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Meditation Technique: Noting

Meditation Technique: Noting

Last week we explored a foundational exercise for starting a new meditation practice. When you are feeling more comfortable with meditation overall, you can start experimenting to see what other meditations can feel like for you. Today’s particular meditation is a simple way to find focus any time in your day when you feel scattered, anxious, or ungrounded. You can practice this technique for anywhere from one minute to one hour or more, depending on how much time you have and how much previous practice you have under your belt.

As mentioned last week, basic meditation is about honing your concentration, and in this particular technique the object of your concentration is your breath. The thing that is unique about this type of meditation is that you’re going to engage your conscious mind to take note of what you are focusing on as well as what shows up to distract you.

To set up for this meditation, find a comfortable position sitting or standing. Lying down is a good way to fall asleep, so you may want to avoid lying down unless you’re prepared to sleep for a little while at least. If you’re standing, plant both feet on the ground evenly and find a central point of balance where your weight is even from side to side and from the ball to the heel of each foot. If you’d like to sit, find a chair or a comfortable place on the ground and sit with your legs straight or cross-legged.

Whether you’re sitting or standing, try to stack your rib cage directly over your hips and relax your shoulders. If you’re in a space where you can close your eyes and you’re comfortable doing so, go ahead; otherwise, keep your gaze soft and unfocused.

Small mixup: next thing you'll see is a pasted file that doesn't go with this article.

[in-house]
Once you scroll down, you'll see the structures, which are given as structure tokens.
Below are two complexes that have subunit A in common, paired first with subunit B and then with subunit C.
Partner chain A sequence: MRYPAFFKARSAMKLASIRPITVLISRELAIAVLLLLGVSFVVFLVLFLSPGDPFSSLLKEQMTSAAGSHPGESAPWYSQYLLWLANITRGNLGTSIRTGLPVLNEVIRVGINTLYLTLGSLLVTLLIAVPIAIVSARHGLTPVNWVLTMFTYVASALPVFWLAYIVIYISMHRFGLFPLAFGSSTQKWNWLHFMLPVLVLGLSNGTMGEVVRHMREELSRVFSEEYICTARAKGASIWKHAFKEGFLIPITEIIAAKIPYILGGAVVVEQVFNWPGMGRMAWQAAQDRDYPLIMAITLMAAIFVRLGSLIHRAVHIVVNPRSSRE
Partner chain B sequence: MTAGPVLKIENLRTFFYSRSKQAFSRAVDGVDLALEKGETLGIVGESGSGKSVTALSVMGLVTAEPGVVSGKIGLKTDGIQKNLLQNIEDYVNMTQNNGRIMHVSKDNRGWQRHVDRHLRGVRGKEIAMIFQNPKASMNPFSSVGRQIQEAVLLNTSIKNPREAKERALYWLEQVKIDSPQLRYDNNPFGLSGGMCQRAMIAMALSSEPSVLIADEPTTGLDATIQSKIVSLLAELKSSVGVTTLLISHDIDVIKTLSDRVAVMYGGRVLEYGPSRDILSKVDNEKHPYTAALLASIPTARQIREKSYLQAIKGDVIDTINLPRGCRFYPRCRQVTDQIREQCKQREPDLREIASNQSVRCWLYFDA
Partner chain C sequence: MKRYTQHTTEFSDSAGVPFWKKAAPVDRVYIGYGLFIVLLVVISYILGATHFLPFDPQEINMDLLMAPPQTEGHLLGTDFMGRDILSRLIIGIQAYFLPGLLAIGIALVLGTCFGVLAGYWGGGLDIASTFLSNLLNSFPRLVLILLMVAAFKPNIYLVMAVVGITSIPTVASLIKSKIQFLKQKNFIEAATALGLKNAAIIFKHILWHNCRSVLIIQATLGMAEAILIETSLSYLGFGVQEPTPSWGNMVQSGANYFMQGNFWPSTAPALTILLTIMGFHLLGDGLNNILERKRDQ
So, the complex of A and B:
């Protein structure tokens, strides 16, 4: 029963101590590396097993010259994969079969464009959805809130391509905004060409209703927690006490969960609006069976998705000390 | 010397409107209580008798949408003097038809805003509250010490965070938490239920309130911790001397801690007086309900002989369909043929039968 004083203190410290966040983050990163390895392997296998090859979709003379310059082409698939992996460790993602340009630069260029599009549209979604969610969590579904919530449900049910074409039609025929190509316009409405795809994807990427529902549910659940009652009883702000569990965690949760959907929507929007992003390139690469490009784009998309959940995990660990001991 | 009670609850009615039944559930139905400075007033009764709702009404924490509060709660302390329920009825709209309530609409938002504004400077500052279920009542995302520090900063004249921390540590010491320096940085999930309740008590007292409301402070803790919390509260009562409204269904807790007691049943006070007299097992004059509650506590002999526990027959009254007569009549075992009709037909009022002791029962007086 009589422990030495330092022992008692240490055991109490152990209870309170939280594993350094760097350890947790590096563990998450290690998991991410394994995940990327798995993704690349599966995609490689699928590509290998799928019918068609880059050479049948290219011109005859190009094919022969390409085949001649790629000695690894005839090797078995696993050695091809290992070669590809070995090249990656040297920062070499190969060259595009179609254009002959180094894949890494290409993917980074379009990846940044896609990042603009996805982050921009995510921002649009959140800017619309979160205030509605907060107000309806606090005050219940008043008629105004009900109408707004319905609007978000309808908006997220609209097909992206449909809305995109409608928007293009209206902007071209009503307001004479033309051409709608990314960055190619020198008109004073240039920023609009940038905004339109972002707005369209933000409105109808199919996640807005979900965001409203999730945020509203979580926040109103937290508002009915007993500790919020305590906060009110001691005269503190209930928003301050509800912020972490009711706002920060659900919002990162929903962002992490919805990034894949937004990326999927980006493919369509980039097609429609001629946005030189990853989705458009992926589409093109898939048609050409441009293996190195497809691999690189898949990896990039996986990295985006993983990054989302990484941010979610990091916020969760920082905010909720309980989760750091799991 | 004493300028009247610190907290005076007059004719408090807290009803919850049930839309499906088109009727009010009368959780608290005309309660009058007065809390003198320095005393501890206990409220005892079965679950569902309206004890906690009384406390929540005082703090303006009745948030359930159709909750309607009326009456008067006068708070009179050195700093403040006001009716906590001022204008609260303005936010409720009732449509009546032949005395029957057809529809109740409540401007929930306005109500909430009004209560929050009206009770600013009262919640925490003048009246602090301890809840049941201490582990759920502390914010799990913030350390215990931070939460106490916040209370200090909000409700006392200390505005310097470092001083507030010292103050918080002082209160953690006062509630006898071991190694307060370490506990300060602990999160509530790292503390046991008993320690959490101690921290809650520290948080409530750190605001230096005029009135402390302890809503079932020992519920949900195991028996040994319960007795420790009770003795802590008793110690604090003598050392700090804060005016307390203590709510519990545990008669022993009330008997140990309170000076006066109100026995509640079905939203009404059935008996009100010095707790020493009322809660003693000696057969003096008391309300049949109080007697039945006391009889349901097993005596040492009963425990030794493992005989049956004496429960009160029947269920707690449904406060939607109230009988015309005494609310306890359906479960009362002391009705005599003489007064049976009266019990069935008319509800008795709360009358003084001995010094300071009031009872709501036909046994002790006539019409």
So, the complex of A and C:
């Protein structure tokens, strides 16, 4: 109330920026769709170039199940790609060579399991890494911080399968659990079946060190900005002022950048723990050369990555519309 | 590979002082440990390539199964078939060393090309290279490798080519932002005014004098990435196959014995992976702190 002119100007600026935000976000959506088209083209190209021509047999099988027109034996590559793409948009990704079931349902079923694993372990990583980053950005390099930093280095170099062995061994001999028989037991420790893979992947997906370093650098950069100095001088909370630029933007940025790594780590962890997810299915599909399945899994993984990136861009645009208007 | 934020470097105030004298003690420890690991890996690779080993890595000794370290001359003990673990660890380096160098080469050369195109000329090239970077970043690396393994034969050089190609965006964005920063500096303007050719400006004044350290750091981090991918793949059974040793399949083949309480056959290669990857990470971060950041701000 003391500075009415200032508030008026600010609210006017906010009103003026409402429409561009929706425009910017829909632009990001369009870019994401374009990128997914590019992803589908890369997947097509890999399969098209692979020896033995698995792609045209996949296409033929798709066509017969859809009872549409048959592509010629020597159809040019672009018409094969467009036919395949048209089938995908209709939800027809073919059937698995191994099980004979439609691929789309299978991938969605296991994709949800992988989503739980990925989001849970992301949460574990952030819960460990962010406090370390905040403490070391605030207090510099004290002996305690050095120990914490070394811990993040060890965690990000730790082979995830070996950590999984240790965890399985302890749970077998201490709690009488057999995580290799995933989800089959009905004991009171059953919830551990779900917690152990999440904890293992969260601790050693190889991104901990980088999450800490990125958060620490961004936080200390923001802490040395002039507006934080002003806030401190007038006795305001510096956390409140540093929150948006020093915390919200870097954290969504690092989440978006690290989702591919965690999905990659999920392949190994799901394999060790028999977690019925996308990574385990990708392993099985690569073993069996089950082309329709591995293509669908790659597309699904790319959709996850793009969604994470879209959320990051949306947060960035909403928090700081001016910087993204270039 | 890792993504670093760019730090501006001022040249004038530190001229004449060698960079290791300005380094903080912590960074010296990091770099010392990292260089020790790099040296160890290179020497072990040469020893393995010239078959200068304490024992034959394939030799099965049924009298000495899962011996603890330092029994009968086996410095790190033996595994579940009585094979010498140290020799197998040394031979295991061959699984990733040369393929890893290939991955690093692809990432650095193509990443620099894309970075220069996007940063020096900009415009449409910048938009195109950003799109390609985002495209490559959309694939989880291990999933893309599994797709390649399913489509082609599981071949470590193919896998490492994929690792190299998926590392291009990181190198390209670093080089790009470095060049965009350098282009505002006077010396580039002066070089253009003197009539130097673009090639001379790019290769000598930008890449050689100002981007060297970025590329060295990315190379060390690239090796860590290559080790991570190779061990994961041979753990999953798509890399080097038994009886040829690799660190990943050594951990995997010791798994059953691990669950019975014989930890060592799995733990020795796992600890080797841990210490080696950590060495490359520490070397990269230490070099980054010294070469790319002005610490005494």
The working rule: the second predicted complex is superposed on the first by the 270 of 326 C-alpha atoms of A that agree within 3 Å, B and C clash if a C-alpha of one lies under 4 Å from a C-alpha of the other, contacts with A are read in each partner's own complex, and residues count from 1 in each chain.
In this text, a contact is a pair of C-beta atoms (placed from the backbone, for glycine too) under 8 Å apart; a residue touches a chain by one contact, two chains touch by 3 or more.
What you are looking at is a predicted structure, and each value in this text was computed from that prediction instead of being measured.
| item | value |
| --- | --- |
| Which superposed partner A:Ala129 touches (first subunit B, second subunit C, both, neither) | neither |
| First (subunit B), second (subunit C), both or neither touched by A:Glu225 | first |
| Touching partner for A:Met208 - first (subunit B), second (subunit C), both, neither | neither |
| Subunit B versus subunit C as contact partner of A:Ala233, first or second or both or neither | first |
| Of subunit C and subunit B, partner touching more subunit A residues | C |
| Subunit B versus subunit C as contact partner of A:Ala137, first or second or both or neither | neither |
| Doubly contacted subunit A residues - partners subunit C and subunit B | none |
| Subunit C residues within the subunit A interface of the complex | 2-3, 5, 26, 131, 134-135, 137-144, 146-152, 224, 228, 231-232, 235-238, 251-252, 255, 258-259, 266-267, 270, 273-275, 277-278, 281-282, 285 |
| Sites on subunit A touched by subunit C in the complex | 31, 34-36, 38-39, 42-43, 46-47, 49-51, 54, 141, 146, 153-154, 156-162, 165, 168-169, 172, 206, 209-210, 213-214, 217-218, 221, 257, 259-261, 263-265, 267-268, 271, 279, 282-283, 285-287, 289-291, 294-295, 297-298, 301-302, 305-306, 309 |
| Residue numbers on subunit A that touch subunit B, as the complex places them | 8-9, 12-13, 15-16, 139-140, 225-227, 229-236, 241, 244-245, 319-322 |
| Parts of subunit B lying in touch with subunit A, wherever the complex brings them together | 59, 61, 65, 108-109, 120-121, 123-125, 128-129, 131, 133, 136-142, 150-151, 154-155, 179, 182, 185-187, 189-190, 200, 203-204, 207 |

Start by taking several deep breaths, letting each inhale be a little deeper than the one that came before it. On your exhales, let go of as much air as you can without force.

Then, on your inhale, say the word “breath” to yourself. On the exhale, repeat the same word, “breath.” The entirety of this meditation might be a repetition of the word “breath” for several minutes as you allow your inhales and exhales to stay soft and long.

If a stray thought tries to carry you away, once you notice that you’re distracted, note that occurrence as “thought.” Imagine that thought as a stray cloud drifting across the sky, and let it pass. Each time a thought interrupts your focus, label it “thought” and let it softly pass by.  

If a sensation distracts you – an itch, a discomfort, feelings of warmth or coolness, or any stray aroma passing by – label it as “sensation” and then let it go. Like thoughts, imagine your sensations are bounded and temporary and let them pass. Of course, if pain appears, adjust yourself as needed! The point of this meditation is not to sit through physically painful circumstances. 

Every time you notice yourself distracted by thoughts or sensations, label them and return to breath. Occasionally a breath will sound like this in your mind: “breath-thought-sensation-thought-sensation-breath,” and that’s okay. With practice, your mind will eventually let the thoughts and sensations pass by without noticing them, and you’ll be able to maintain focus on just your breath.

Practice this for as long as you are comfortable, or as long as you can fit into your day. One minute is a victory! You may also find that keeping short journal entries of the success or challenges of your meditation practice helps keep you focused on your long-term mindfulness goals. Happy practicing!

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